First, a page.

Childhood and adolescent programmes providing learning support to boost interest in school, guidance and social support to address an unhappy childhood and career development and work experience to increase aspirations in young people could all be useful to reduce teenage pregnancy. These strategies could be included in public policies to effectively address social disadvantage and teenage pregnancy. The researchers found only a limited amount of data on programmes to reduce teenage pregnancy so more work is needed to study the effectiveness of these interventions in preventing early parenthood.
Harden, A., Brunton, G., Fletcher, A., & Oakley, A. (2009). Teenage pregnancy and social disadvantage: systematic review integrating controlled trials and qualitative studies BMJ, 339 (nov12 1) DOI: 10.1136/bmj.b4254

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M cells, gatekeepers or gateway to the gut

Glycoprotein 2 is the M cell receptor for type I pili on bacteria and is important for the immune response to these bacteria, according to research by Hase and colleagues published last week in the journal Nature.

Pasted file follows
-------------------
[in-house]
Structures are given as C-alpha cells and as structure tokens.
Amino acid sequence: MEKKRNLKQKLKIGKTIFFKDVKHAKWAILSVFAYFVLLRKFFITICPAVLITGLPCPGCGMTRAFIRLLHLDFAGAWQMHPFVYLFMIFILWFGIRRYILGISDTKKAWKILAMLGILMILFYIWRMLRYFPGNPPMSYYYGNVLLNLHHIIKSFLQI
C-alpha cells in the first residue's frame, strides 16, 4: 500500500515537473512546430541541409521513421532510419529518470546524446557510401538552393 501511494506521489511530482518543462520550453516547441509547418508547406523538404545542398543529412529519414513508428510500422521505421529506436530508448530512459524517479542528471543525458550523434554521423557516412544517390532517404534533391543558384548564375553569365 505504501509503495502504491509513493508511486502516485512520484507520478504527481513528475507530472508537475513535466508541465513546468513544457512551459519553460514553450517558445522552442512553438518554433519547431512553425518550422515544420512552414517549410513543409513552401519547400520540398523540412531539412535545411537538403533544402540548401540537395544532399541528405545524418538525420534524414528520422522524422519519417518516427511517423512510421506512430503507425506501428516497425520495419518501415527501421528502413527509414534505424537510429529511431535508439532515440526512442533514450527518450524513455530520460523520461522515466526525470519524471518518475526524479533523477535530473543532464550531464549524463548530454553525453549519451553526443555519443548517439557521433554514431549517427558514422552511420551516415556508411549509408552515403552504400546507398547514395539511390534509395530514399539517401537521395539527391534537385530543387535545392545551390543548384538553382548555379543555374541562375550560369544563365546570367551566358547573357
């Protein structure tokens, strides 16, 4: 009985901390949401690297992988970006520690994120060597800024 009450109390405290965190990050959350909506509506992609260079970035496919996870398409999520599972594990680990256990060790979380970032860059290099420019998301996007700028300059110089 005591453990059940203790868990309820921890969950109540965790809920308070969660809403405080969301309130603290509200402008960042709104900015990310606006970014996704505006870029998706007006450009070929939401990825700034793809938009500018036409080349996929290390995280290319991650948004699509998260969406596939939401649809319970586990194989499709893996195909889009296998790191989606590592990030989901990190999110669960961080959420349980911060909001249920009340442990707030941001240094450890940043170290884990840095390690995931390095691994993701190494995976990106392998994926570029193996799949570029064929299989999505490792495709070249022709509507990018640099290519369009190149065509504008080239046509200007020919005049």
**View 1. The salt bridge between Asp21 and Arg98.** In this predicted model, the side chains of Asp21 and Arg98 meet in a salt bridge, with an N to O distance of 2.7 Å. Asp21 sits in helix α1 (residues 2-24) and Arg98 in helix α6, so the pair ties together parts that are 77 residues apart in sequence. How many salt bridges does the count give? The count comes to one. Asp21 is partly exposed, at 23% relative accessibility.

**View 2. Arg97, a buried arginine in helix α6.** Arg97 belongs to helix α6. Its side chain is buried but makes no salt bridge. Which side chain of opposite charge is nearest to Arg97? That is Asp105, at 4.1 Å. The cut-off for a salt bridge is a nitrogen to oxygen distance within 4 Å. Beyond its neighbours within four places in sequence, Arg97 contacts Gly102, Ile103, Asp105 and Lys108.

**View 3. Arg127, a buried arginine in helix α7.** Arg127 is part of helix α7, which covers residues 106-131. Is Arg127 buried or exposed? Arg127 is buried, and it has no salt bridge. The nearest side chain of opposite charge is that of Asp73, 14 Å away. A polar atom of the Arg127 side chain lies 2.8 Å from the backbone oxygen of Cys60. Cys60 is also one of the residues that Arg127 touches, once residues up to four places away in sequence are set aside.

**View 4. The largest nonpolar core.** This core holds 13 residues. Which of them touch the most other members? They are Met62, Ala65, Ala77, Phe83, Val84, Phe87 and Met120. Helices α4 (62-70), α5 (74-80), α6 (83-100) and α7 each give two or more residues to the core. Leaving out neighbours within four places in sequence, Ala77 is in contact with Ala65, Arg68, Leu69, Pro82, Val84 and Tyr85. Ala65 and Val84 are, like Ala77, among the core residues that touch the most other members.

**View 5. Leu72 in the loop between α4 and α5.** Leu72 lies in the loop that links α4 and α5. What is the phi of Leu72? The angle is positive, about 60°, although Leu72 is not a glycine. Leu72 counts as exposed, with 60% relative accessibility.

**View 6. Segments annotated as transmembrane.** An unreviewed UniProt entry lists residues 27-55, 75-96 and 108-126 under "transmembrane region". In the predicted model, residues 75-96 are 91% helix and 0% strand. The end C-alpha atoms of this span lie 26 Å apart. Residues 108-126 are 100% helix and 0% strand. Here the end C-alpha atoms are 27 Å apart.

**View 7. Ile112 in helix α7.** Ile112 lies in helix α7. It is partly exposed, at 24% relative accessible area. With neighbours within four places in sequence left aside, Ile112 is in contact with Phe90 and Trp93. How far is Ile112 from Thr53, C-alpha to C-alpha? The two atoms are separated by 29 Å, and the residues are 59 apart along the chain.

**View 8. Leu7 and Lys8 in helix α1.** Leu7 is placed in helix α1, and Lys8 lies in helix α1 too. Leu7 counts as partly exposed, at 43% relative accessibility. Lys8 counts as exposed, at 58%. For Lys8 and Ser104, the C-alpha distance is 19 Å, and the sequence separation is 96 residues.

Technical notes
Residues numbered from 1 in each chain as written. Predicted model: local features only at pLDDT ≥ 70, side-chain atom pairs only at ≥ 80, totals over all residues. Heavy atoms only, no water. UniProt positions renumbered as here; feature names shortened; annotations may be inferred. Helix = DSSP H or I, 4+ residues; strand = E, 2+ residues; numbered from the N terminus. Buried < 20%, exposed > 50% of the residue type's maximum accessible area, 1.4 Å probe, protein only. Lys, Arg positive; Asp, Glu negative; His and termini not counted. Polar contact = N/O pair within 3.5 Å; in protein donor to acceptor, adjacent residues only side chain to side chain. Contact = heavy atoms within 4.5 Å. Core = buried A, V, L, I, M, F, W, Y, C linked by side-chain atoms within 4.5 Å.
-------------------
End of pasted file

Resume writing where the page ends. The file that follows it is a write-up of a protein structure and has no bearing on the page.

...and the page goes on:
The mucosal immune system is one of the largest components of our immune system and is hugely important for protecting mucosal surfaces (like our gastrointestinal tract) from harmful pathogens. Our guts are home to trillions of commensal bacteria which live quite happily there causing us no harm whatsoever. The gastrointestinal tract is protected from these bacteria (or other damaging substances) by a layer of tightly packed epithelial cells which form a barrier against any bacteria or molecules penetrating the gut. However, Microfold (M) cells are specialised intestinal cells located over mucosal lymphoid tissue called Peyer’s patches which are potential entry points into the host. M cells sample microorganisms or molecules in our gut and help transport them across the epithelial cell barrier (a process called antigen transcytosis) to deliver to professional immune cells (like macrophages, T cells or dendritic cells) to stimulate a protective immune response. In essence, M cells act like CCTV cameras to survey the gut area for anything that is out of the ordinary, or potentially harmful, and then present them to our immune system (essentially the police and the law courts) to sort those bad ‘uns out.